Putin in Greece: Important Body Language, Signs and Omens
Vladimir Putin has completed his 2-day state visit to Greece, where he met with Greek PM Alexis Tsipras and Greek president. At the airport Putin was lavishly greeted, complete with red carpet, honorary guard and 3 jets flying overhead in his honor.
Putin arriving to Greece:
Greece, much like Italy, Cyprus, Hungary and France, as well as Germany, is trying to find a way to bypass sanctions and to increase trade with Russia. If you ask me, the easiest way to ‘bypass’ sanctions is to simply end them. But Brussels and Berlin play games, and this is what gets the rest of Europe in trouble.
One area for both Italy and Greece that may shine is Russian tourism, especially after Russian tourism left Turkey and Egypt. Another area could be investments. As I mentioned before, Italians are active at investing in Crimea, and so are Germans. Russian companies would be glad to invest in EU, should the opportunities present themselves. Russian energy is always of great interest for Greece, Italy and most of Europe. However, the political games being played make it difficult for businesses to make deals based on reason and necessity.
In view of the EU sanctions, Russia works with certain separate countries, such as Greece and Italy.
The clear three reasons Italy and Greece are at the forefront of friendly relations with Russia are:
- Their economy is more dependent on trade with Russia and, therefore, they have much more to lose from bad relations with Russia;
- Club Med countries suffer more than Germanic countries from EU’s economic downturn and their need for additional markets is much stronger than for some Western European counties;
- Greece and Italy are traditionally some of the most friendly to Russia countries in the EU.
Greek PM Tsipras talked about the pressing need to remove sanctions and proposed to serve as an intermediary between Russia and EU.
During the visit, Putin mentioned that it was time to translate the great relations between Greece and Russia into mutual economic benefit.
Putin – Tsipras meetup video: Russia and Greece sign various documents re. improving trade relations, energy, tourism and other cooperation agreements.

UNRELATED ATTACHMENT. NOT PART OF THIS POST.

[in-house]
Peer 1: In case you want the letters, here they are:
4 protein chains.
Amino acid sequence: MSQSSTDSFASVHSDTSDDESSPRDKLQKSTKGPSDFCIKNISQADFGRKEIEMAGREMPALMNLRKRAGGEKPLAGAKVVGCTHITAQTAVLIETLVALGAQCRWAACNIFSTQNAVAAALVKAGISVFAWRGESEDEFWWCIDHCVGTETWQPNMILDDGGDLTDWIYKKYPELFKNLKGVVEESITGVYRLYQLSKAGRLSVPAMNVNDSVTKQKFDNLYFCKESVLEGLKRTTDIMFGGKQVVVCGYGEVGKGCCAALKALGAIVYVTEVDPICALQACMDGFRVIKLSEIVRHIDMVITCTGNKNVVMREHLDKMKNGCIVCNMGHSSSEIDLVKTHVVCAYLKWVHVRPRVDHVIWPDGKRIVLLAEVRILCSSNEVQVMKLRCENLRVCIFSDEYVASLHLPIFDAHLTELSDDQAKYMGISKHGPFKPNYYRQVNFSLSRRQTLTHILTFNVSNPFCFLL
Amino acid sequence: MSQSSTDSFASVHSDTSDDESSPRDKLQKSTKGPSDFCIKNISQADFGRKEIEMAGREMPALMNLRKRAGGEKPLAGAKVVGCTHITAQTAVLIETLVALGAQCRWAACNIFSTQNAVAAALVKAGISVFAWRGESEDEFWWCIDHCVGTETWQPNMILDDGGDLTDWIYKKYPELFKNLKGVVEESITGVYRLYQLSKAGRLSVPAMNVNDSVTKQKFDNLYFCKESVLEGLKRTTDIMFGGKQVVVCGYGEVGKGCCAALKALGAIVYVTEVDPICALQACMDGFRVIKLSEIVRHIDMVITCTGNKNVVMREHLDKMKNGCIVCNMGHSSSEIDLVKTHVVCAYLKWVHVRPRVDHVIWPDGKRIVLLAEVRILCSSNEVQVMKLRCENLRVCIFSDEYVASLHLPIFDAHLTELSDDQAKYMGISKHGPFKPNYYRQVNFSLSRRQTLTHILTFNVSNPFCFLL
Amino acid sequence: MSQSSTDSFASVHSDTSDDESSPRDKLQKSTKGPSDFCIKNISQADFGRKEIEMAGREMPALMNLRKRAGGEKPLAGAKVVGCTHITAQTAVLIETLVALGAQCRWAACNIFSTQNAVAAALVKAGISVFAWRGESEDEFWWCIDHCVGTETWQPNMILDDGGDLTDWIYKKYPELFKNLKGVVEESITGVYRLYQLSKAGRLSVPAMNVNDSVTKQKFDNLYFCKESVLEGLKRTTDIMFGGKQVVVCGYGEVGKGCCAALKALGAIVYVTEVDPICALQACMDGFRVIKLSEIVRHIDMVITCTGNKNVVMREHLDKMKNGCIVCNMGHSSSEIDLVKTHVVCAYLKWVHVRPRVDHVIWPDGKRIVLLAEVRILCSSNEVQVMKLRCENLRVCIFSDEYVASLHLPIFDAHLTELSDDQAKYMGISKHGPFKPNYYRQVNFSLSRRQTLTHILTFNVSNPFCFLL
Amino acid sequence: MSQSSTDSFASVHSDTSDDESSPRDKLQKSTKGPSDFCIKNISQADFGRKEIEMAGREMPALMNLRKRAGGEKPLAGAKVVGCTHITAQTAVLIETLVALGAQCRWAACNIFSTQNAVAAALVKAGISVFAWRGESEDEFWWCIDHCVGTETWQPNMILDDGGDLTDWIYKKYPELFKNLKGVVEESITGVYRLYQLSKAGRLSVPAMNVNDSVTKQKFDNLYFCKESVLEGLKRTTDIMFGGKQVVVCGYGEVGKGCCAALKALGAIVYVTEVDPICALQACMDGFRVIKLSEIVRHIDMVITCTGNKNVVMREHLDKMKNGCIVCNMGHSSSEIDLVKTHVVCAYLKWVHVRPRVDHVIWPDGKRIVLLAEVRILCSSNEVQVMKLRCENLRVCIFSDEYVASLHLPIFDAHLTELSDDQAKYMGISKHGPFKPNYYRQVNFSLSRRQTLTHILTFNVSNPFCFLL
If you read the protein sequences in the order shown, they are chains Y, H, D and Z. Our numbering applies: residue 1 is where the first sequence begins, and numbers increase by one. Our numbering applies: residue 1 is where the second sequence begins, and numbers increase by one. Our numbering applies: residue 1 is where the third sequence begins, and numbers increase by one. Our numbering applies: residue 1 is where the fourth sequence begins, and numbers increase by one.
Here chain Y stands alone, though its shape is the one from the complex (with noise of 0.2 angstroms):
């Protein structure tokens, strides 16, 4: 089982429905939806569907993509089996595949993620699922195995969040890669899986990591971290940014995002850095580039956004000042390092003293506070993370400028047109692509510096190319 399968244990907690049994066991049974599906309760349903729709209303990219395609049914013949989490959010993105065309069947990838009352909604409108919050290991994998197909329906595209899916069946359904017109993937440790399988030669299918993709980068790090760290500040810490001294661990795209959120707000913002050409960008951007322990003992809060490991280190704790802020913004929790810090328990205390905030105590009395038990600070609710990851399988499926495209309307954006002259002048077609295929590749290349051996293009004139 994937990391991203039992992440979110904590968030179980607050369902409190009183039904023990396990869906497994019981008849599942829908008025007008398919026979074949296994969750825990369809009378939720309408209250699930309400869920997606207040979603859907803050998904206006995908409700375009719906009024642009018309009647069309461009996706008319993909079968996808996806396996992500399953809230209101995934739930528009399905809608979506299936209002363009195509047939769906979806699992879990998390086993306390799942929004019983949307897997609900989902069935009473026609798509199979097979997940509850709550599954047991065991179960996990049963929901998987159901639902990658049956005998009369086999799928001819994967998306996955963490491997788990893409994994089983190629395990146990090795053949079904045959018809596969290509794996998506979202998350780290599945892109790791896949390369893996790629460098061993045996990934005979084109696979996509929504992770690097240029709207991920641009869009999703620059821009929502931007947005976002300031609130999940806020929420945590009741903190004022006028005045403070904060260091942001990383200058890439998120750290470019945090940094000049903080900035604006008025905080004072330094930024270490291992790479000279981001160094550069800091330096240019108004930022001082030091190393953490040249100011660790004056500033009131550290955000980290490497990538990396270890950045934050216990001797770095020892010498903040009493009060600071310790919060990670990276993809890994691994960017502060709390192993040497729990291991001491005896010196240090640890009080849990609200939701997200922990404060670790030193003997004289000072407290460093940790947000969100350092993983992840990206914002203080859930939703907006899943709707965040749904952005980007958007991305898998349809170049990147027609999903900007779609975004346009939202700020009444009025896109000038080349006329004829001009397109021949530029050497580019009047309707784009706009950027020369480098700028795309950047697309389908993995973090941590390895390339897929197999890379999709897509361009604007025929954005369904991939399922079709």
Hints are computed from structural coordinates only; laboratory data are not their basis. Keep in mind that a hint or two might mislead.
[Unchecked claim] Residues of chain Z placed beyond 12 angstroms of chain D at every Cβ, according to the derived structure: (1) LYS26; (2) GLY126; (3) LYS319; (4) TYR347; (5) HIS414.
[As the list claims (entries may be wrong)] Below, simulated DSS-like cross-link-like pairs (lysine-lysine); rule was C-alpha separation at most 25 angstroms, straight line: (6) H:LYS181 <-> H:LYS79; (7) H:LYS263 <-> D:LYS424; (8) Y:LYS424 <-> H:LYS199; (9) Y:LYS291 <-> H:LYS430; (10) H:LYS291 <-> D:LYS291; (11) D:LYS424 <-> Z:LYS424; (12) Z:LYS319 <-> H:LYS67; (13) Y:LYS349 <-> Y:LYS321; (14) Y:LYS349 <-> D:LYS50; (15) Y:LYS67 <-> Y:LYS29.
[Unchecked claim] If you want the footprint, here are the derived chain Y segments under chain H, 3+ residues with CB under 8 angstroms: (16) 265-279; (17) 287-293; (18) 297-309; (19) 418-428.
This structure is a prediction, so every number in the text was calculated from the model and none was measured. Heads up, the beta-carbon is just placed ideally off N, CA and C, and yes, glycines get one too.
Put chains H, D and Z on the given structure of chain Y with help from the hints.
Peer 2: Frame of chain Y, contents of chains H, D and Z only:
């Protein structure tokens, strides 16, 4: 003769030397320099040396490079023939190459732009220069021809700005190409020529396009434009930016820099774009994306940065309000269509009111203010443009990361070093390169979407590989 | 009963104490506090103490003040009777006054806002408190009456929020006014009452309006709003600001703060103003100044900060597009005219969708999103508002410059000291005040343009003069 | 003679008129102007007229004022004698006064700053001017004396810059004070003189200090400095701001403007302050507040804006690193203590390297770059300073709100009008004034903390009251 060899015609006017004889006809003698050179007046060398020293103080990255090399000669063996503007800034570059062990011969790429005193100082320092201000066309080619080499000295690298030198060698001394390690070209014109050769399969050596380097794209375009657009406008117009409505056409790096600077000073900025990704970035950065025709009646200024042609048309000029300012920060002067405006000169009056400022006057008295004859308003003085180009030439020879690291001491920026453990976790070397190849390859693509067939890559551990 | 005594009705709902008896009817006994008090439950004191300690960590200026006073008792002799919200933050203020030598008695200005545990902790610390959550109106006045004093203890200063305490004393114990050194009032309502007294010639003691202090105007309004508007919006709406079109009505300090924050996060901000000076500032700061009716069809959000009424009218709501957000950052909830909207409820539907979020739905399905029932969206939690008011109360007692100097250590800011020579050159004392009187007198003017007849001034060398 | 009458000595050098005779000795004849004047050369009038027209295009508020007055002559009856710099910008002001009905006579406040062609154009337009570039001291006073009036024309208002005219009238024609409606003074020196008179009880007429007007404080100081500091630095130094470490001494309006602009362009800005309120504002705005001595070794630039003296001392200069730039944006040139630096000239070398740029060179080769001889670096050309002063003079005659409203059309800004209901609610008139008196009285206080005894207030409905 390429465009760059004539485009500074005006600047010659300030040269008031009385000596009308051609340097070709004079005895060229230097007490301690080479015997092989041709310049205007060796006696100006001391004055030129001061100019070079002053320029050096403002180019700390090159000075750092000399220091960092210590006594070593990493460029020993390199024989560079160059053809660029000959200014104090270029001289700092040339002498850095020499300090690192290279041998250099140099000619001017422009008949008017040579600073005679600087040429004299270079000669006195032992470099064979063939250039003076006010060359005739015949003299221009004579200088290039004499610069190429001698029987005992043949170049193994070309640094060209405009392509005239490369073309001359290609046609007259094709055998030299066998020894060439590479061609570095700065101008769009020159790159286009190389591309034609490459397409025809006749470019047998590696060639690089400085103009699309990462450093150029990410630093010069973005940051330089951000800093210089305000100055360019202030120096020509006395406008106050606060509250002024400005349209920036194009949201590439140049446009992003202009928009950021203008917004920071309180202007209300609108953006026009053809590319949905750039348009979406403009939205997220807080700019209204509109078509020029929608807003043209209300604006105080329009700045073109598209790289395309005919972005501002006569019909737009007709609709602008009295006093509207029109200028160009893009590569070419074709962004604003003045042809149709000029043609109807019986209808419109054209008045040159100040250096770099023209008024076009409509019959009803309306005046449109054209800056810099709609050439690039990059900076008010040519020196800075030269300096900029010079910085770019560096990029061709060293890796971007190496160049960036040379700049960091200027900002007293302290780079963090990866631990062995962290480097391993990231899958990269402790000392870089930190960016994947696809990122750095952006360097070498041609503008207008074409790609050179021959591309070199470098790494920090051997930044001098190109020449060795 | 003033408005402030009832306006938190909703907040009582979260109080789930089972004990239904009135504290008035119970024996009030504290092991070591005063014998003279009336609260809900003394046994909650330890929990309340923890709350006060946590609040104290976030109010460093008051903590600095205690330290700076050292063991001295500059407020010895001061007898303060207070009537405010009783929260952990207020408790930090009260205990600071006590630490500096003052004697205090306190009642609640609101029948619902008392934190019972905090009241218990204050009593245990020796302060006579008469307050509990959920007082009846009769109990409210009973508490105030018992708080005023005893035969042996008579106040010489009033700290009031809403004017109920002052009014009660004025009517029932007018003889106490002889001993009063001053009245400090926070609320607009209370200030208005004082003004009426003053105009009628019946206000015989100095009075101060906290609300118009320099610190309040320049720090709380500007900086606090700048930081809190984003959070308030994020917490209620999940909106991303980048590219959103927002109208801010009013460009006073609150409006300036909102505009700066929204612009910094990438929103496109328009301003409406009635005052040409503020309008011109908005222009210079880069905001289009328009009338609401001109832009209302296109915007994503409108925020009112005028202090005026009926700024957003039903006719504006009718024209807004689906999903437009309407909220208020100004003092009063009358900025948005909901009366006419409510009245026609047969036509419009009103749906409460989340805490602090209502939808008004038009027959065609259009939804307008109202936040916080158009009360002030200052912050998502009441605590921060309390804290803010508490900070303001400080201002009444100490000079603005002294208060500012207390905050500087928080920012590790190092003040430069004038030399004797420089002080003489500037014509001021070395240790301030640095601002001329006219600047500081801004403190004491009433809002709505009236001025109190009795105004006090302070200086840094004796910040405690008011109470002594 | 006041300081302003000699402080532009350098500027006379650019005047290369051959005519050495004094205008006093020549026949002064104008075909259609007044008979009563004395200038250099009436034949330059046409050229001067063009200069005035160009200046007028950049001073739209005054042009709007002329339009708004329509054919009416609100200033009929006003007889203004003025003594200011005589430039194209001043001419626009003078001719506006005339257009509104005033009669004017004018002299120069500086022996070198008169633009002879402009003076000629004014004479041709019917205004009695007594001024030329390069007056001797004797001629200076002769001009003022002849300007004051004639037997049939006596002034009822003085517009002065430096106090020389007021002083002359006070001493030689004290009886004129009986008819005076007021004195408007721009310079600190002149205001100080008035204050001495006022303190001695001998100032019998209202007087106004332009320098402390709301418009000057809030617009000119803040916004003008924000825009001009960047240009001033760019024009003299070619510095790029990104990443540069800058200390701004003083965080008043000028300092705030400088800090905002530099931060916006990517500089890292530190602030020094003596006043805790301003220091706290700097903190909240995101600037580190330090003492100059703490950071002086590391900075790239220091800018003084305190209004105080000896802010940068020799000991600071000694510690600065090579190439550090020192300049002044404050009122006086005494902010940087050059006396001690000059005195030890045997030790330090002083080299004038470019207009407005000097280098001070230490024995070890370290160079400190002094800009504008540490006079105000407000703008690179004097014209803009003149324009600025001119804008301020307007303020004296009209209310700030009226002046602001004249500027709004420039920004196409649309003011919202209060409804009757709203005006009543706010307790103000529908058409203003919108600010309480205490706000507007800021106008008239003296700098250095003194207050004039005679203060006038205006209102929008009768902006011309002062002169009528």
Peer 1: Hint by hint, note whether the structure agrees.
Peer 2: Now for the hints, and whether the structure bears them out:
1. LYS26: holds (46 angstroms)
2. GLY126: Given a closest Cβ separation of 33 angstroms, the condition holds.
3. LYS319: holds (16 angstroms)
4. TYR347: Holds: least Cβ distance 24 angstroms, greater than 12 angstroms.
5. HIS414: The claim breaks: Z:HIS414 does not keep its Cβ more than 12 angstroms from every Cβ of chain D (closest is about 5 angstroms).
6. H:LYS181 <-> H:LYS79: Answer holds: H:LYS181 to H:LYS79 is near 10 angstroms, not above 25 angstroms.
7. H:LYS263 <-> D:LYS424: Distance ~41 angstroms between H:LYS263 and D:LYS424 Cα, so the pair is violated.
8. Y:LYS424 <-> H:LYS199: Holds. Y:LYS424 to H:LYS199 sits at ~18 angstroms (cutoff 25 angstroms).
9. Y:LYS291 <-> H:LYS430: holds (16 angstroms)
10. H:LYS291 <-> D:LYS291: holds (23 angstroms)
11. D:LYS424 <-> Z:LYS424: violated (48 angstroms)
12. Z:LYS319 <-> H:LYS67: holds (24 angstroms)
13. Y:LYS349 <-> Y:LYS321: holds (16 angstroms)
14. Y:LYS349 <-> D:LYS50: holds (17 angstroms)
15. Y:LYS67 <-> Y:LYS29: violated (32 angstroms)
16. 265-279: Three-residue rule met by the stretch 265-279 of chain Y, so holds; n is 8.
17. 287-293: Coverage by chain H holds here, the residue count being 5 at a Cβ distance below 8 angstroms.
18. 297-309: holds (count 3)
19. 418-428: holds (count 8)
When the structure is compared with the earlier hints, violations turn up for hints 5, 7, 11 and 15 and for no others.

Notice the important symbolism and body language on the above video image!
Putin and Tsipras are clearly leaning towards each other. This always denotes mutual trust and affinity. In fact, Tsipras is leaning towards Putin more.
Now, let’s look at Putin’s arms. They are open, which means he has nothing to hide. But Tsipras arms are folded, which means he is guarded or isn’t as open as he’d like to be. The reason for this regrettable (as Tsipras is, no doubt, considering – just look at his pensive face) guardedness is revealed by the flag situation to the right of the image. Greek flag is there next to the EU flag, sort of juxtaposing itself to the Russian flag on the other side.
Here is the hidden message conveyed:
‘We, Greece are talking to Russia, but haven’t forgotten that we are a member of the EU, whether we like it or not.’
In fact, as revealed by the combination of Tsipras’ body language, the fact of Putin being met as a very special guest upon arrival to Greece, and the added symbolism of the flags, there is a dissonance being present.
Tsipras hidden message is: we would love to have tighter and more intimate relations with Russia; in fact, that would be our preference, but we are confined by our membership in EU, which imposes severe limitations on who and to what degree we can be friends with.
During his visit to Greece, Vladimir Putin also visited the Sacred Mount Athos (RUS: Гора Афон), the so-called Republic of the Monks, housing 20 Orthodox monasteries, including a 1000-year-old Russian monastery. During service, the monks put Putin in the emperor’s place. Since you can’t sit during an Orthodox service, on visits to Mount Athos Byzantium Emperors of old would stand in a specially constructed, gilded honorary portico.
Putin in Byzantium emperor’s portico. Photo says: ‘Greece treats Putin like king during visit’:
Brief video – Putin on Mount Athos:
This is a longer, 25 min video of Putin’s visit to Mount Athos:
The monks recall a story of this good omen: during Putin’s first visit to Mount Athos in 2005, a donkey appeared on the road, and it ran in the center of the road in front of, and then next to, Putin’s car all the way down hill. On Putin’s way back, the donkey waited for him and again ran in front of his car, this time all the way uphill. The monks interpreted that as a fortunate sign from the Holy Mother, the patroness of Mount Athos.
In conclusion: Dmitry Medvedev has dropped a sanctions bombshell
Dmitry Medvedev has announced that Russia intends to extend her anti-EU/US food and agricultural embargo (aka, return sanctions) till the end of 2017. This is what Russian domestic agricultural producers ask us to do, said Medvedev.
Recall that I predicted this outcome from the beginning of the 2014 events. I said that EU’s anti-Russian sanctions are a blessing in disguise and that Russia will use them to strengthen domestic agricultural producers, as well manufacturers, who will be able to occupy the shelves with their products, previously entirely filled by imports.
I also said that the longer EU continues with sanctions, the more European products will find themselves squeezed out of the Russian market.
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Posted on June 2, 2016, in Eurasia, Geopolitical Trends, Russia, USA/EU/West and tagged Alexis Tsipras, body language, Byzantium, Crimea, Dmitry Medvedev, Гора Афон, EU anti-Russian sanctions, food and agricultural embargo, Germany, good omen, Greek orthodoxy, Italy, Putin in Greece, Russia, Russian President Vladimir Putin, Russian tourism, Sacred Mount Athos, Turkey. Bookmark the permalink. 10 Comments.